What would a One Nation recovery look like?

14th November, 2012 7:00 am

After the longest double recession since the Second World War, the economy is growing again. Whilst a growing economy is obviously better than a contracting one, the UK is far from out of the woods.  Two and half million people are out of work, one third of them have out of work for over a year, three million are ‘under-employed’ unable to get the hours they want, real wages have been falling for almost three years now, youth unemployment remains around the one million mark and the longer term picture is of an economy that has barely grown for two years.

Now is not the time to break out the bunting and declare the crisis over.

Since the fall of Northern Rock, over five years ago, the media have become so used to bad economic news that the bar for success has been set low. Any level of growth is now seemingly hailed as a victory for the Government and a vindication of its policies. In reality the ‘recovery’ is far from secure and as long as the squeeze on living standards persists this won’t feel like a recovery to most people.

The challenge facing the country is actually two-fold and runs much deeper than simply generating growth. We need not only to get the economy moving again, but to generate the ‘right’ kind of growth.  We can’t simply return to business as usual, instead we need to build a new economy.

In the years before the crash things started to go seriously wrong in the UK economy. Growth became more and more concentrated in too few sectors and too few regions. The gains from this growth were increasingly captured by too few people.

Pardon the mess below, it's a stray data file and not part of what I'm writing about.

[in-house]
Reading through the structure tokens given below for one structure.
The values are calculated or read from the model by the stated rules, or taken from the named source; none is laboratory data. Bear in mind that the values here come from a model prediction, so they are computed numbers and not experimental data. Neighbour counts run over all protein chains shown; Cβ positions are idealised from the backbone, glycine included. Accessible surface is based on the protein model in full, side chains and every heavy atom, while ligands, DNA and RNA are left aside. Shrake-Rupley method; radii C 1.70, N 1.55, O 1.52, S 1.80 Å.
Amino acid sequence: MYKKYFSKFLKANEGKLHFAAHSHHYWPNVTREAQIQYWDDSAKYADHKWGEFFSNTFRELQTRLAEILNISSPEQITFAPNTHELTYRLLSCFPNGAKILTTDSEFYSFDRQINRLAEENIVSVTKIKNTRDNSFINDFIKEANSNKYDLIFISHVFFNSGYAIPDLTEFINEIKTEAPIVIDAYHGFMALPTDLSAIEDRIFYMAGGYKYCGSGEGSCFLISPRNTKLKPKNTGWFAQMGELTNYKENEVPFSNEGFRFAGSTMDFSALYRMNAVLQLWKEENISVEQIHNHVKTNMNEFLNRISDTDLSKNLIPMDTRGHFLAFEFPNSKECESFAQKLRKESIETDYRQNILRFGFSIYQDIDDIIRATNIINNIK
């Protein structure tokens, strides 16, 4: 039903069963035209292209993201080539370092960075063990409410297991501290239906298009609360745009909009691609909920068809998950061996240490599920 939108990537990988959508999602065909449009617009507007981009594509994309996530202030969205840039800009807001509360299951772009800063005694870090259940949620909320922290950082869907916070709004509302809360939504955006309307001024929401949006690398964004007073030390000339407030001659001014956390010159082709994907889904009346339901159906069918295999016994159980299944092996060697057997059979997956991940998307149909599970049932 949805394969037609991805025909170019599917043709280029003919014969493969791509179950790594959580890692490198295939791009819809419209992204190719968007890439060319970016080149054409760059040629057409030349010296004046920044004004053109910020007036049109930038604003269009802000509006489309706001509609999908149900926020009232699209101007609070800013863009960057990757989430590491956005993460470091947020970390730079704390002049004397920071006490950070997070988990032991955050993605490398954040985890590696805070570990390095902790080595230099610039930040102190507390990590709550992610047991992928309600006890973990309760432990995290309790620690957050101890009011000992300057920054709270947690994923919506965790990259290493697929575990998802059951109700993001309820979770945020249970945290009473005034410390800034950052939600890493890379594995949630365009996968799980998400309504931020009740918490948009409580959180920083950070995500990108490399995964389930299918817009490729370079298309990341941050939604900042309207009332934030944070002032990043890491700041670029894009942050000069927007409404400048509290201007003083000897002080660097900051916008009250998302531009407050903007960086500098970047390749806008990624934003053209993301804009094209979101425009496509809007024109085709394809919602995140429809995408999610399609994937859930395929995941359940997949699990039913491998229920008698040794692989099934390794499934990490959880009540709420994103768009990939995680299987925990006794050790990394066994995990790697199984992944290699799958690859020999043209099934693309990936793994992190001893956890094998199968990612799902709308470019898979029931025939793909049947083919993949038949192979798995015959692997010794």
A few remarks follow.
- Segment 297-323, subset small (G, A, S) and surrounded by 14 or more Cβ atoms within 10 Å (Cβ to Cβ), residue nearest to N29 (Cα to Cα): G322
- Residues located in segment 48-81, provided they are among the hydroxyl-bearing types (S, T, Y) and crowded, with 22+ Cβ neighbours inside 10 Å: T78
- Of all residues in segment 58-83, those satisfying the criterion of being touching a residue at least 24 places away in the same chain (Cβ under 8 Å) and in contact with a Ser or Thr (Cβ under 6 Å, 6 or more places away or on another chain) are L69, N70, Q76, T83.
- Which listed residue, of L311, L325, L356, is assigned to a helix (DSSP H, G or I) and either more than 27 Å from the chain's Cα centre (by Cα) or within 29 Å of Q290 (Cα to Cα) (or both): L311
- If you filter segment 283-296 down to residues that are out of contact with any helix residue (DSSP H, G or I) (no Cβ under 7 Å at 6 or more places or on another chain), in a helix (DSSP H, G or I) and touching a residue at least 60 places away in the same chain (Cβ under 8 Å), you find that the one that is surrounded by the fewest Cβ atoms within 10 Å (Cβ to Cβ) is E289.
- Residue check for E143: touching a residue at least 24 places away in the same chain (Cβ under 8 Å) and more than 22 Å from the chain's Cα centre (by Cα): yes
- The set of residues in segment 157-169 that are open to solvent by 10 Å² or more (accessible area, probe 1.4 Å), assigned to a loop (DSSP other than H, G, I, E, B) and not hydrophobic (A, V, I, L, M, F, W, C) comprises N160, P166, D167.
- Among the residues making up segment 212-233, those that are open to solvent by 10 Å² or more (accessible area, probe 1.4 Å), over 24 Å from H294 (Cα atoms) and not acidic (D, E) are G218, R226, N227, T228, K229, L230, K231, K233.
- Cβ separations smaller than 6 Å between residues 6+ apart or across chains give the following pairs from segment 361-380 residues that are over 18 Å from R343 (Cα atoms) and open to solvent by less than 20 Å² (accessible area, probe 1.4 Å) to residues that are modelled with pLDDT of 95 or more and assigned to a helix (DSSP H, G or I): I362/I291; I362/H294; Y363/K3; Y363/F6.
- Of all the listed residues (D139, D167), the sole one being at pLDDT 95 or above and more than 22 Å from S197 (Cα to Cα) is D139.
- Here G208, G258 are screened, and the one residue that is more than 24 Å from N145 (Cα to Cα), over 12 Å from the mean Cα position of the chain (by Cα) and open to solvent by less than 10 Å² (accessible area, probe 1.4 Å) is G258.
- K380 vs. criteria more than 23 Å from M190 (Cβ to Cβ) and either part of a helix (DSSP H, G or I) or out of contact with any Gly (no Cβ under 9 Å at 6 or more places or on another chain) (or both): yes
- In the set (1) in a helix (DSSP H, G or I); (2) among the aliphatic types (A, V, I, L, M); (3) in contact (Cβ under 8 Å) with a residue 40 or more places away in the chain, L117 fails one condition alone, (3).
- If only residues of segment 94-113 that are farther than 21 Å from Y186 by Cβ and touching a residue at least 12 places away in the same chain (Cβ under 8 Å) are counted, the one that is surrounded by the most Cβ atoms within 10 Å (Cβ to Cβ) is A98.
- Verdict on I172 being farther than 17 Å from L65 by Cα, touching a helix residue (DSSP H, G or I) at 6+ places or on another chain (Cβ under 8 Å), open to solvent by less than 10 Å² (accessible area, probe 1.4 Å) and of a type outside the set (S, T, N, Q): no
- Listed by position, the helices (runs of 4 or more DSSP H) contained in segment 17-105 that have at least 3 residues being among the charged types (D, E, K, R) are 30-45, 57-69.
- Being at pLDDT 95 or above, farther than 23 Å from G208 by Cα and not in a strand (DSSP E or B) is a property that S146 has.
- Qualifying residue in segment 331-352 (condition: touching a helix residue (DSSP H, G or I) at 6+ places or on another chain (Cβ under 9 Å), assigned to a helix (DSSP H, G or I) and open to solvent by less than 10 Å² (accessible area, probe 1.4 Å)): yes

In the five years between 2003 and 2008, the years before the recession, the economy grew by 11% but median real wages (the pay, after price rises, of those in the middle) were stagnant. Over three decades of a liberalised economic model, the public finances became too dependent on tax revenues associated with a booming city and a frothy property market. Household debt rose as easy credit replaced rising pay packets.  London and the South East’s share of the economy rose steadily whilst the other regions and nations fell behind. The contribution of financial services to GDP rose from around 6% in the mid 1990s to 10% on the eve of the crash. The level of investment in the real economy was weak by international standards. By 2008 we had an unbalanced economy, one that was vulnerable to sudden shocks.

Most forecasters now believe that the economy is set to grow in 2013 and 2014. The latest forecasts from the CBI have growth at 1.4% in 2013 and 2.0% in 2014. This would be a very weak result – just two years ago the Government’s own independent Office for Budget Responsibly assumed growth would be 2.9% and 2.7% in those years.

More worrying than the weak headline growth numbers though are the forecasts for living standards and unemployment. The CBI sees no rise in real wages for another 18 months and unemployment still at 2.4 million at the end of 2014. This simply isn’t good enough.

A meaningful recovery, what could be thought of as a ‘One Nation recovery’, would be marked rising real wages for those in the middle and below. The policy challenge is not just to generate growth but to generate growth that is balanced across the UK, not concentrated in too few sectors, jobs rich and which doesn’t see most of the rewards flowing to those at the top.

Such growth won’t be achieved just by relying on the old levers of fiscal and monetary policy (important as they undoubtedly are), instead it will require wide spread reforms to the structure of the banking system, corporate governance, skills and training systems, a modern industrial policy, steps to support green growth and wider set of government interventions into how the labour market works to ensure we are generating the kind of better paying, higher skilled jobs that we need.

The debate now has to be about not just how we get the economy moving again but how we ensure that we get a better balanced, more resilient, fairer economy where the benefits of growth aren’t captured by those at the top.

Duncan Weldon is a Senior Economist at the TUC

This piece forms part of Jon Cruddas’s Guest Edit of LabourList

To report anything from the comment section, please e-mail [email protected]
  • Mr Arthur Cook

    A “One Nation recovery” would have one simple principle to guide thinking.